Care for Puerto Rico is an annual event hosted by MLR where artists, and other volunteers fly down to Puerto Rico with thousands of donated goods and products to provide aid to the people impacted by the island’s natural disasters. They’re non-conventional aid through beauty experiences is a light in the darkness for many of the people they help, and here is the story of my experience with them in 2020.
Day 1: Guayama, Puerto Rico
The day started off with a two hour drive from our AirBnB in San Juan with several cars crammed full up with volunteers, gear, and donations. The sunny, mountainous views from the window as we drove were captivating, and as we all awed at their majesty, our 6am daze turned into excitement for the day ahead of us. As we arrived in the town of Guayama we were surrounded by beautiful architecture from the late nineteenth century, and in the middle of the square that was to be our venue, there was the a large, lush park with an enormous fountain (Plaza de Guayama).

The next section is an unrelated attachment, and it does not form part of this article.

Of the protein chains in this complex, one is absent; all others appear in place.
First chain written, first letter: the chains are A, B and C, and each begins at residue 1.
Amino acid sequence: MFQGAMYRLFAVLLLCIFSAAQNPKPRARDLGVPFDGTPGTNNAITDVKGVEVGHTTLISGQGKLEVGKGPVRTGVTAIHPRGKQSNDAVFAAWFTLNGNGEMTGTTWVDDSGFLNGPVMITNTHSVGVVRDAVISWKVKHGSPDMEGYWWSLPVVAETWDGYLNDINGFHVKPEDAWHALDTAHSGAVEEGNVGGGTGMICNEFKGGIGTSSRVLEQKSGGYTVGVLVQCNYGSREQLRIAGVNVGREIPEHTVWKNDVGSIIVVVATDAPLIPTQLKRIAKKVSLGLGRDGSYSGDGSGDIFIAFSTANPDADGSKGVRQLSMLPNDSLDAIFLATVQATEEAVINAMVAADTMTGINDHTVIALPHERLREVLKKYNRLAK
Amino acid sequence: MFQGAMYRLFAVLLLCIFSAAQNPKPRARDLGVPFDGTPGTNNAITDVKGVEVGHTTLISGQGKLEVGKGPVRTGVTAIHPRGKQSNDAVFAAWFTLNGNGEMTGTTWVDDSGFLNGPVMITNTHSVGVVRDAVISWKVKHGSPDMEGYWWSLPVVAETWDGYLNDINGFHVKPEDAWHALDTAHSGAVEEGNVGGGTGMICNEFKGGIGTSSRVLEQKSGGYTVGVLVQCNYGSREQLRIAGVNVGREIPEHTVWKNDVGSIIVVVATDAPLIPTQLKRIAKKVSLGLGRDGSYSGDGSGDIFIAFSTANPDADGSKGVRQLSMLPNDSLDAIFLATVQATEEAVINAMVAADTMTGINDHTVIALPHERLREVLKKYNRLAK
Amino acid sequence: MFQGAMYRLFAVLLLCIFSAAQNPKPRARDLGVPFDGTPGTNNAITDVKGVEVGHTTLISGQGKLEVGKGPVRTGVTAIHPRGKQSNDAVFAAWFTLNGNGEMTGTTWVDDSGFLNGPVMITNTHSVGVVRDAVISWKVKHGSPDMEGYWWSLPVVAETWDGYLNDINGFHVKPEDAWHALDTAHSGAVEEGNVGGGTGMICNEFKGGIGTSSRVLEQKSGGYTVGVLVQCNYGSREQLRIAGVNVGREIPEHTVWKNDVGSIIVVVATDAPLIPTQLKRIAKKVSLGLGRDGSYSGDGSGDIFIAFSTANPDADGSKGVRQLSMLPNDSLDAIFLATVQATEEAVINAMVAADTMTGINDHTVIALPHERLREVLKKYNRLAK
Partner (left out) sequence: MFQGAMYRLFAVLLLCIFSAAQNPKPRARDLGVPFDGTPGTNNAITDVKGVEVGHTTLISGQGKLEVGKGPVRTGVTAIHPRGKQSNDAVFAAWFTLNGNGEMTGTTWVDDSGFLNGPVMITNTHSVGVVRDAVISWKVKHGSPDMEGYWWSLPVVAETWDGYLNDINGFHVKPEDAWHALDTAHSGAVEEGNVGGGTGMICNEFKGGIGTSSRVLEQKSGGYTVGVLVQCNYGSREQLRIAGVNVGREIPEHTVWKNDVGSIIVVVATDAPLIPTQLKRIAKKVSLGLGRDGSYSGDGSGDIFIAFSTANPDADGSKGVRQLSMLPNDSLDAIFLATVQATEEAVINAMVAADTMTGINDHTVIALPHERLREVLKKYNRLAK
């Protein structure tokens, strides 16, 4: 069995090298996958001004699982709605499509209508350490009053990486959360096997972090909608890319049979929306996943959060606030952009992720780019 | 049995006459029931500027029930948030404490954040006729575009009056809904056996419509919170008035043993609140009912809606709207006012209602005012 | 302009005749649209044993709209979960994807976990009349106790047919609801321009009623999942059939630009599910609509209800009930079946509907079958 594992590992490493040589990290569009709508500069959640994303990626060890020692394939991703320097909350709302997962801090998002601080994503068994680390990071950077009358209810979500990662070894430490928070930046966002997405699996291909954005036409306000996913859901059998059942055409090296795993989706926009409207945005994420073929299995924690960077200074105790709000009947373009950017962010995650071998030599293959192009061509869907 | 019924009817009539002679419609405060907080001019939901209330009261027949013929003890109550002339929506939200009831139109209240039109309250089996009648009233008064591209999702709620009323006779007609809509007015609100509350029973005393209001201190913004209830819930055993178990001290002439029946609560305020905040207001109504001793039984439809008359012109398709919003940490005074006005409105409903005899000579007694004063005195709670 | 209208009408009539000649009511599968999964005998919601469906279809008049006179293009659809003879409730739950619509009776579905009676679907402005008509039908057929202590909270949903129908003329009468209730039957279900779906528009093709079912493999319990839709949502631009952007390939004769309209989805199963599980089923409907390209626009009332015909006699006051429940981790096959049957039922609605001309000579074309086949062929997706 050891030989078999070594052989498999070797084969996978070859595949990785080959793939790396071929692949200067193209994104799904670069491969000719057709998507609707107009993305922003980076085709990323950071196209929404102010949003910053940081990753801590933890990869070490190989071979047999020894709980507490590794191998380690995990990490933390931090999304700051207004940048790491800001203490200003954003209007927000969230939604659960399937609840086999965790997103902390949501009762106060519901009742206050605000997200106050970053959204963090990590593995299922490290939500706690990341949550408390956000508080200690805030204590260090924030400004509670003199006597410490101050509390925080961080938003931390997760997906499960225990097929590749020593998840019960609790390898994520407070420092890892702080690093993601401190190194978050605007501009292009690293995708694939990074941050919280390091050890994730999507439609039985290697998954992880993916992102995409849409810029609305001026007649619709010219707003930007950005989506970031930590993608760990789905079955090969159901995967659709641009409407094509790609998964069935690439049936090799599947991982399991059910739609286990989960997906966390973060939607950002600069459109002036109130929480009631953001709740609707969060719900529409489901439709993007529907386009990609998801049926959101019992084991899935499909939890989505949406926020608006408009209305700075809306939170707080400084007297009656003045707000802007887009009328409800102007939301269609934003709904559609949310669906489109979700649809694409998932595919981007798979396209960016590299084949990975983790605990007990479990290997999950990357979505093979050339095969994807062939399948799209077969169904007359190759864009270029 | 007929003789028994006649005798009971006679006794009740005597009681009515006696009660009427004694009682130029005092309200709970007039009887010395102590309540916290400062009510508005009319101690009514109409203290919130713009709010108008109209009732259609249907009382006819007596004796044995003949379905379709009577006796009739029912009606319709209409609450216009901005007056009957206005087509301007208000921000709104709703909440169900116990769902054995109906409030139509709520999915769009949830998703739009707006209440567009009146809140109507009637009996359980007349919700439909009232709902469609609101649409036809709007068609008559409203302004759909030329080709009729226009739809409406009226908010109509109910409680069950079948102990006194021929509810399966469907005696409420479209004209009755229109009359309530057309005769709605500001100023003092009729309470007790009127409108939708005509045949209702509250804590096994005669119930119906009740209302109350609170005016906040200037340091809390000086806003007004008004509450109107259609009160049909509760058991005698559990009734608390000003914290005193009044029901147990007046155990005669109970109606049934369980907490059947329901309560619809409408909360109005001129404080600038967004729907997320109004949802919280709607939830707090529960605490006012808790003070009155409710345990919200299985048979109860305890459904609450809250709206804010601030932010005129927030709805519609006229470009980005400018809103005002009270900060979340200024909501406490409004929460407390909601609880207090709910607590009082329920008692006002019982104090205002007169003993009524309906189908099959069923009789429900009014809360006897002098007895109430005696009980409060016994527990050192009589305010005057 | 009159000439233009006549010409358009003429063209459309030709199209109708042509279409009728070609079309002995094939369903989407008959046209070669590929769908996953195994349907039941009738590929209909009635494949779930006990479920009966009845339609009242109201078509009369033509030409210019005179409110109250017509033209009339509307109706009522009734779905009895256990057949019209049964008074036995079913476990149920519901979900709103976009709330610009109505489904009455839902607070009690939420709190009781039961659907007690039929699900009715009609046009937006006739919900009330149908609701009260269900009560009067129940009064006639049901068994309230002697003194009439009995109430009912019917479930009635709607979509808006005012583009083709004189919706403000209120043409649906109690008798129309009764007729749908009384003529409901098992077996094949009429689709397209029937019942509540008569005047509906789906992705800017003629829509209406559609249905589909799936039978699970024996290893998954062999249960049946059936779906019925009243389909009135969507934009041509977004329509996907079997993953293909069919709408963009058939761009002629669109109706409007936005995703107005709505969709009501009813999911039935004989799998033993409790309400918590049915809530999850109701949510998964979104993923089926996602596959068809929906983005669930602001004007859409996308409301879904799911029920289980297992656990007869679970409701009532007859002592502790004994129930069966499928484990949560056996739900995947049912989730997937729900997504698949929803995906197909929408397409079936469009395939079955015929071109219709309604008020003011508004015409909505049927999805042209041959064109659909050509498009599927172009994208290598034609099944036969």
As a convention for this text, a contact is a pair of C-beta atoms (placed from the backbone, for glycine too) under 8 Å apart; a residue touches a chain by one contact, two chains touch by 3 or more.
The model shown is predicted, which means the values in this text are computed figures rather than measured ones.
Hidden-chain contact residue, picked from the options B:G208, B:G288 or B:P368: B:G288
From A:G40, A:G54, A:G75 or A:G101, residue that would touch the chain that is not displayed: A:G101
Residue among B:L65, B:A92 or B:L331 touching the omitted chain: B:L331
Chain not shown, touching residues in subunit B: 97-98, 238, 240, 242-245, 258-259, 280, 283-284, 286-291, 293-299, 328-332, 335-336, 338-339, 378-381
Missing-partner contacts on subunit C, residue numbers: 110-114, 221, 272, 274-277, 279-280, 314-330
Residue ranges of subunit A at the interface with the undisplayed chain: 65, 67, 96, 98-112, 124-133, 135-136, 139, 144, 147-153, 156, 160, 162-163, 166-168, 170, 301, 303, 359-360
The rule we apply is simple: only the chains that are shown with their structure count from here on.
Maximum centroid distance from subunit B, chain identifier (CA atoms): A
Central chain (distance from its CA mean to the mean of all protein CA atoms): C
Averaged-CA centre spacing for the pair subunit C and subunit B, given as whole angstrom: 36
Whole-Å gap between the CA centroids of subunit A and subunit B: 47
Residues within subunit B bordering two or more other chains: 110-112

Day 2: Ponce, Puerto Rico
After the severe earthquakes in January 2020, many citizens in the southern part of Puerto Rico were heavily displaced, and without homes, or work. Many had to stay in refugee camps in the city of Ponce. There is where we spent Day 2 of our #Care4PR volunteer effort. Initially driving into the camp, was a little jarring for me, as I had never been to a refugee camp before. I saw numerous tents towards the back of the camp, where they took care of the sick, and there were two larger pavilions set up towards the front, where we were going to set up. Setting up was fairly similar to Day 1’s operation, we had a tent full of donations, and under the main pavilion is where MLR artist served the community by providing grooming and cosmetic services. Nearby I set up my studio utilizing a rather large rooted and appealing tree as a back drop. We provided individual, family portraits, and group portraits for the community there, as well as documentation for the #CARE4PR campaign. Eventually the demand for photography turned to the teenage population with the premise they could use the photos for their social media presence.